The Museum of Modern Art announced Emerging Ecologies: Architecture and the Rise of Environmentalism, an exhibition dedicated to both realized and unrealized projects that address ecological and environmental concerns by architects who practiced in the United States from the 1930s through the 1990s.


Emerging Ecologies features over 150 works that reconstruct how the rise of the environmental movement in the US informed architectural practice and thought. Models, photographs, diagrams, and sketches are placed in context with archival materials such as posters, flyers, and articles to showcase innovative, fantastical, dystopian, and daring architectural projects that sought to navigate the fraught relationship between the built and natural environment.

The exhibition celebrates the path-breaking environmentally conscious work of architects like Emilio Ambasz, Charles and Ray Eames, and Frank Lloyd Wright, while shining a light on many less familiar, historically significant practices like The New Alchemy Institute, Glen Small, and Mária Telkes. Seven newly commissioned audio recordings that draw inspiration from these little-known projects will feature contemporary practitioners—Mae-ling Lokko, Jeanne Gang, Meredith Gaglio, Charlotte Malterre-Barthes, Amy Chester, Carolyn Dry, and Emilio Ambasz—sharing their thoughts on what contemporary architects can do to mitigate against climate change. By highlighting projects that both foreshadowed and anticipated the ecological effects of overpopulation, the depletion of natural resources, and rampant industrial pollution, the exhibition looks to the past to suggest solutions for the future.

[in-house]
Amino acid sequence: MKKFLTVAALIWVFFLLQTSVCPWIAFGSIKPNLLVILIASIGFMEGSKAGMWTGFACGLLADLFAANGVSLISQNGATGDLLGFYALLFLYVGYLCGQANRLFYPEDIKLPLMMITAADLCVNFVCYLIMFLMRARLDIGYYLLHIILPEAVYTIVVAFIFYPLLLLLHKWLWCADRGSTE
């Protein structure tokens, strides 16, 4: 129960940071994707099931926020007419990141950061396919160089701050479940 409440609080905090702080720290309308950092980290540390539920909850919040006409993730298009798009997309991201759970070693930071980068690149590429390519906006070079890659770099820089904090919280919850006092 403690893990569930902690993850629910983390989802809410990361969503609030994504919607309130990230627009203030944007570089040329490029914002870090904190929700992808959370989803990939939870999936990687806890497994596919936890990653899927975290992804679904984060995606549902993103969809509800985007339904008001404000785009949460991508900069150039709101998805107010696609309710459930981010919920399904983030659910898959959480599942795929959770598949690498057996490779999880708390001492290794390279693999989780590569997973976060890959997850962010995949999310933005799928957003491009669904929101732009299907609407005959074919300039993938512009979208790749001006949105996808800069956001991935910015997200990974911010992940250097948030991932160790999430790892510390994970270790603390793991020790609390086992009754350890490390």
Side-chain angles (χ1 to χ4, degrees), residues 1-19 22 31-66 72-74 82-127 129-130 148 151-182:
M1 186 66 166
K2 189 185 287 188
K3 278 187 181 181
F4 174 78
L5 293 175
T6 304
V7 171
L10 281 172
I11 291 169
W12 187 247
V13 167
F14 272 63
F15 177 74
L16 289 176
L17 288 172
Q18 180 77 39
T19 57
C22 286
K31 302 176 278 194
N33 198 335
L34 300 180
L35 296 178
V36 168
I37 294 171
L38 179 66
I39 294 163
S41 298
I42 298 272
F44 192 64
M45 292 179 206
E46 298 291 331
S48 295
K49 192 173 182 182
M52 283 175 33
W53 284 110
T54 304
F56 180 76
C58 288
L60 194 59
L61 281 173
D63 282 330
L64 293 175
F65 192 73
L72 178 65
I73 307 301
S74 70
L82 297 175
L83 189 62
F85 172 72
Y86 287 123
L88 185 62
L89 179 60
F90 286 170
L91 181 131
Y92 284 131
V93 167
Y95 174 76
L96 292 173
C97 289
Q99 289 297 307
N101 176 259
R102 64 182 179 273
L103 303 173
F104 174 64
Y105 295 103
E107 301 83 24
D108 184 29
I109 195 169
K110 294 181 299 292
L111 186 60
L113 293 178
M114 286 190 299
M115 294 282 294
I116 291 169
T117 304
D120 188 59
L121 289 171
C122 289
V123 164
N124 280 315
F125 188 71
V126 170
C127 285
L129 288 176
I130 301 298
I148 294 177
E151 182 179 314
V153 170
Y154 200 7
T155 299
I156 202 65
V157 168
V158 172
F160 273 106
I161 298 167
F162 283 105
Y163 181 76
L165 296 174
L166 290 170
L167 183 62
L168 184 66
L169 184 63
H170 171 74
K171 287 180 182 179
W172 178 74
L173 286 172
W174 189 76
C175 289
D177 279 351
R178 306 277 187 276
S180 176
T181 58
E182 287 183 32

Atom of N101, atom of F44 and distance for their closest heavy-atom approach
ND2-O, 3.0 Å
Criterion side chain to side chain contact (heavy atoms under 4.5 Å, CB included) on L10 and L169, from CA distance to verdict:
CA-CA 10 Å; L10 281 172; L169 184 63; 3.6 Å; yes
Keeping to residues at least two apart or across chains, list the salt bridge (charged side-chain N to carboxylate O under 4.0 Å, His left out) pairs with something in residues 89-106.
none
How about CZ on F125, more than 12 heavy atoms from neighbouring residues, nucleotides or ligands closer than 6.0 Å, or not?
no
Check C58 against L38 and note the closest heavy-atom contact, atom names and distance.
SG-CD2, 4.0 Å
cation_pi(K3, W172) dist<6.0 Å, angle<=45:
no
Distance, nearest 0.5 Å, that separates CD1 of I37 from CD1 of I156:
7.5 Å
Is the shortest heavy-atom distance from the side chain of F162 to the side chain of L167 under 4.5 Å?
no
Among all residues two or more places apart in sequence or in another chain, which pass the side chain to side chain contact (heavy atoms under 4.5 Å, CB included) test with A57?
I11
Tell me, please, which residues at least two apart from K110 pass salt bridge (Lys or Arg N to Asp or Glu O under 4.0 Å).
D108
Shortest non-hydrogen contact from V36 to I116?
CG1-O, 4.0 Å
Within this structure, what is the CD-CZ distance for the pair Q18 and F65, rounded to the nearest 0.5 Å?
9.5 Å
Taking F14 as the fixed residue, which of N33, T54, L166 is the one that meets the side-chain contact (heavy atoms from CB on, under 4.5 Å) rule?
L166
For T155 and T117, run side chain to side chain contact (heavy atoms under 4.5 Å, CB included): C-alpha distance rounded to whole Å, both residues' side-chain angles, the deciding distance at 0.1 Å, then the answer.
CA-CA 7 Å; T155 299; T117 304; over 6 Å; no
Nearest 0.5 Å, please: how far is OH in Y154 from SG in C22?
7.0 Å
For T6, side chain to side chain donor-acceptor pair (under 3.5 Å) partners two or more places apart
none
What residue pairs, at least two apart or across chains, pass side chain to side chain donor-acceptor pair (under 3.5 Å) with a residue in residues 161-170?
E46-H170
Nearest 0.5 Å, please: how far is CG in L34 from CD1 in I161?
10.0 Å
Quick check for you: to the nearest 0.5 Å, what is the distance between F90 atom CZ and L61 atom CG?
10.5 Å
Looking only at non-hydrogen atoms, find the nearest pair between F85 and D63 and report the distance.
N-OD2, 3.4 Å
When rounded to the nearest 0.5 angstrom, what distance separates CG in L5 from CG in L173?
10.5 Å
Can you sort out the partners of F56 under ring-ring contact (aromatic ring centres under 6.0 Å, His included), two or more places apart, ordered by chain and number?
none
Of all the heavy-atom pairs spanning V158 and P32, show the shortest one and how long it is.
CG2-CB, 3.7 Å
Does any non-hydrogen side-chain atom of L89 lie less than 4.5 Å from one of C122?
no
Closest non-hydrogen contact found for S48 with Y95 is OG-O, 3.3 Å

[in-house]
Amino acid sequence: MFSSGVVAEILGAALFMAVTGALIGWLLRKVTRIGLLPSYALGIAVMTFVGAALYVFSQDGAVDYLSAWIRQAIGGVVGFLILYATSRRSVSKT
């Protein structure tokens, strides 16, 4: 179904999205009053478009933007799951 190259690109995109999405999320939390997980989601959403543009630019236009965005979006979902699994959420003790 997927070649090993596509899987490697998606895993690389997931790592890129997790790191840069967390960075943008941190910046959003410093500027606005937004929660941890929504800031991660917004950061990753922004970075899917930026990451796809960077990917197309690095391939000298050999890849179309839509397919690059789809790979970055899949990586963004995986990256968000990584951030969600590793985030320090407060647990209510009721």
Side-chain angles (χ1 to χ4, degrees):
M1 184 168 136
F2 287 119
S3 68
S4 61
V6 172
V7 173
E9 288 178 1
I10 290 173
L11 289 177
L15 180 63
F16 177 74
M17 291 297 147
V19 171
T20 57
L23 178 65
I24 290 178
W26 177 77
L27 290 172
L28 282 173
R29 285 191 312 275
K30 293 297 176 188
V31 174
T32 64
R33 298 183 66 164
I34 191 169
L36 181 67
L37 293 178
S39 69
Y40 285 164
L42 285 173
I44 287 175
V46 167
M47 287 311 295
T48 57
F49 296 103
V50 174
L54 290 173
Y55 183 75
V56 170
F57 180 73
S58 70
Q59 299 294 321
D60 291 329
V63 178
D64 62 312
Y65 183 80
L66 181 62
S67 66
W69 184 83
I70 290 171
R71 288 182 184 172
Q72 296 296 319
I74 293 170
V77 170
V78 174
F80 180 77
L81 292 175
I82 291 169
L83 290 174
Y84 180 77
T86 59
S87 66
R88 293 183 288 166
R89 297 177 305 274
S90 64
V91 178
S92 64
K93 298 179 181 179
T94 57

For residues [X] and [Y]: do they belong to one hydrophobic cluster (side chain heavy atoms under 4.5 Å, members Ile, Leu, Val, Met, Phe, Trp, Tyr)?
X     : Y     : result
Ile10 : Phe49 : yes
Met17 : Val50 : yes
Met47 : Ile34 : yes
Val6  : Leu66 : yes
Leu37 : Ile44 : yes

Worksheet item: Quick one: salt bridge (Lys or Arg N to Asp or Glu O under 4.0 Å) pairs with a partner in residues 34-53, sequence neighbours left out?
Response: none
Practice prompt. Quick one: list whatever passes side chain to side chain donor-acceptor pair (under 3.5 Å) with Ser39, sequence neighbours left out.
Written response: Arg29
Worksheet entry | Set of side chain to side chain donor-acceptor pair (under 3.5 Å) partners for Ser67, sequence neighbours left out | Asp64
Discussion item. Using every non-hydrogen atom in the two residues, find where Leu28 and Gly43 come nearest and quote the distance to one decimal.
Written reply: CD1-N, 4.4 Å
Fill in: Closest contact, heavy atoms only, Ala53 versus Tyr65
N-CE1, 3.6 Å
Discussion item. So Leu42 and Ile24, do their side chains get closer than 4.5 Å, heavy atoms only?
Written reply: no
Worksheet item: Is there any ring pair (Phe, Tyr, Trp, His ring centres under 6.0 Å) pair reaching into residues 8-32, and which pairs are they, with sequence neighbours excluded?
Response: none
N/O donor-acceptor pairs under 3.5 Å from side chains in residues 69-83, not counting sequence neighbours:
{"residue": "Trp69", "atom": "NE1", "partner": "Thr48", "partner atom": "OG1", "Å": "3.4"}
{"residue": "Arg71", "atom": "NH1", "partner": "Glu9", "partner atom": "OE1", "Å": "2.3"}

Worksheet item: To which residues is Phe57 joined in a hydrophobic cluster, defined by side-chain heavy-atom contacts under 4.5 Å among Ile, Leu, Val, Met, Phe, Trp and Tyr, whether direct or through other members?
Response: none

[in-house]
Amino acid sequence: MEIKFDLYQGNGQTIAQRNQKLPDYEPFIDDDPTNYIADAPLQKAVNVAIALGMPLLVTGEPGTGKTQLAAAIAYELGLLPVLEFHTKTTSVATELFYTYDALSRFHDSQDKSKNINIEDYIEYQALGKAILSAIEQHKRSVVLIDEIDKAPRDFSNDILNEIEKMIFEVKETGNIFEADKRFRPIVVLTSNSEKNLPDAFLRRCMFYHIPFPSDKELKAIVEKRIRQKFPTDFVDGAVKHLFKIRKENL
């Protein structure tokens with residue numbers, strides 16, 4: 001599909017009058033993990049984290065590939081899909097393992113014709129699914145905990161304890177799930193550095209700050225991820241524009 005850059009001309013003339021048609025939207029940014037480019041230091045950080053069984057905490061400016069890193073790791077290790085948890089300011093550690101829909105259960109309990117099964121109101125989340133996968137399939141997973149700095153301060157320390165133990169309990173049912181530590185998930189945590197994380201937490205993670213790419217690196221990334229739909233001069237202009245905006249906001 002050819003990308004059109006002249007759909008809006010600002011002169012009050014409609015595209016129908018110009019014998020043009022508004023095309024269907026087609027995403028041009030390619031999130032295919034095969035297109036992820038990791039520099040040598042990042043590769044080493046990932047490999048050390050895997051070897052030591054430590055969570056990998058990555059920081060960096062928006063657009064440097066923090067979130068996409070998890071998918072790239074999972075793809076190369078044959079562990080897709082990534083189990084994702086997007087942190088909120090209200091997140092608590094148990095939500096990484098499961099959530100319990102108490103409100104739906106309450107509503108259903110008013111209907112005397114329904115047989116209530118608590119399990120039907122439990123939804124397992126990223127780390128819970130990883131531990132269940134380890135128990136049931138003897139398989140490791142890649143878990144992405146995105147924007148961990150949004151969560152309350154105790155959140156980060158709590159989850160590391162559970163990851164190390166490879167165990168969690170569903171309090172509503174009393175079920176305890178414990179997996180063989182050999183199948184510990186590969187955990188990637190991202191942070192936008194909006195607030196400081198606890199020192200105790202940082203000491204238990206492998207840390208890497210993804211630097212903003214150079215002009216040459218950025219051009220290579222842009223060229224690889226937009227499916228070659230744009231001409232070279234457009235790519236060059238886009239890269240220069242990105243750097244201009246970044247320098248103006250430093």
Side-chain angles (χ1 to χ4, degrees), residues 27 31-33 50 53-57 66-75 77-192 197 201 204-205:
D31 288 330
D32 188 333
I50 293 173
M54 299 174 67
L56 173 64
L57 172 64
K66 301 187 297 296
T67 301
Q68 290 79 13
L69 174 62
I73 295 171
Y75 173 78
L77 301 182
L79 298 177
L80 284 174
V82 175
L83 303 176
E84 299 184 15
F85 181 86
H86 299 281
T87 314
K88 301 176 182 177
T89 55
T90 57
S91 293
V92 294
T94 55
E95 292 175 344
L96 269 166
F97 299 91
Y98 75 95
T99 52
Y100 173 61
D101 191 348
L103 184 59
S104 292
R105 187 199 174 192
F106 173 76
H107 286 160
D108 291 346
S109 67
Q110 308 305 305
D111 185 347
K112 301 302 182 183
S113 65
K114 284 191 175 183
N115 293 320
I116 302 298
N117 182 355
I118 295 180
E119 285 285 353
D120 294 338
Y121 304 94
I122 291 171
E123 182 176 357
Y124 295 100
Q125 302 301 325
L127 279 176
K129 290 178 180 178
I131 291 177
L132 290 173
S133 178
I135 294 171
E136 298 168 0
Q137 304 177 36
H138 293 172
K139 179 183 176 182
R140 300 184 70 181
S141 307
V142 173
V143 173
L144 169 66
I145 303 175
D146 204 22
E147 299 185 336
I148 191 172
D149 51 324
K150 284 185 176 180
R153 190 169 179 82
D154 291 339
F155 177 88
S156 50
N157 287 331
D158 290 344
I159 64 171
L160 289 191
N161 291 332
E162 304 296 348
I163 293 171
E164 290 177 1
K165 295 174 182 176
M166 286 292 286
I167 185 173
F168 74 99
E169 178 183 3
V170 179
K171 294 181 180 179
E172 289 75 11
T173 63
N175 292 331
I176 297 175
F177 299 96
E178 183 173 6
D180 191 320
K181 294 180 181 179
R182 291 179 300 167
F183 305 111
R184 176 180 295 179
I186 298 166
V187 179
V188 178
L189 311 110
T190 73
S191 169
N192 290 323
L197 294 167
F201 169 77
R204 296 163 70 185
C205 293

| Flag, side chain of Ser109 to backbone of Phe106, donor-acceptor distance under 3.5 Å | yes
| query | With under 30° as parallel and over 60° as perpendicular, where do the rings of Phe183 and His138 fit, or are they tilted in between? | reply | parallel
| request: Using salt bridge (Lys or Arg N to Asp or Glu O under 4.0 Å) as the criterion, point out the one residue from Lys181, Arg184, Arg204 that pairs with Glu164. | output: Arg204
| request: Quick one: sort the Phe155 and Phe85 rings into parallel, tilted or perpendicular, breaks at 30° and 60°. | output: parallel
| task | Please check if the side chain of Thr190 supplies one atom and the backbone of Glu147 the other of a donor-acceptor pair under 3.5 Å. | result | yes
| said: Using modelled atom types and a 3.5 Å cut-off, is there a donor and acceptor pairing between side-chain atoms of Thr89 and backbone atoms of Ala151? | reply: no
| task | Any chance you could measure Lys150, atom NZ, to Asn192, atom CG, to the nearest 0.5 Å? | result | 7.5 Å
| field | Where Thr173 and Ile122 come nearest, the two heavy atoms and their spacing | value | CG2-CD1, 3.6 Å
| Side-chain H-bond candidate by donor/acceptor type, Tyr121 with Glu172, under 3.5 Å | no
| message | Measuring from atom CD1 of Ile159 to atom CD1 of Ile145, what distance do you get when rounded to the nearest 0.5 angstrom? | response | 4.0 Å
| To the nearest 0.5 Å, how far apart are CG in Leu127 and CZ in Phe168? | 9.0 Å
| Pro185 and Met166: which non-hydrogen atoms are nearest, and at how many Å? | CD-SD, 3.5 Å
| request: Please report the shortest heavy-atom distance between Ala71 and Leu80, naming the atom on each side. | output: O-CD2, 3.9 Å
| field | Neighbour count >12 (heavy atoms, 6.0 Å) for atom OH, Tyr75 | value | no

Emerging Ecologies presents projects in five thematic groupings that illustrate the development of environmental thinking in architecture: Environment as Information; Environmental Enclosures; Multispecies Design; Counterculture Experiments; and Green Poetics. The exhibition will highlight several different approaches proposed by architects from the 1930s through the 1990s, beginning with an introduction that includes a model of Frank Lloyd Wright’s Fallingwater, Edgar J. Kaufmann House, Mill Run, Pennsylvania (1934–37), which was built before the rise of environmentalism but served as a key inspiration in the pursuit to build in concert with natural systems. This introduction also considers key moments in the history of environmental justice as acts of architecture. Archival materials, including posters and photographs from the Orme Dam Protest March in 1981, are presented to emphasize that preventing a structure from being built is as much an act of architecture as building one. Ten years of protests by the Fort McDowell Yavapai Nation stopped the construction of the Orme Dam, which would have flooded more than half of their reservation and destroyed the habitat of many species, including the bald eagle.

Related Topics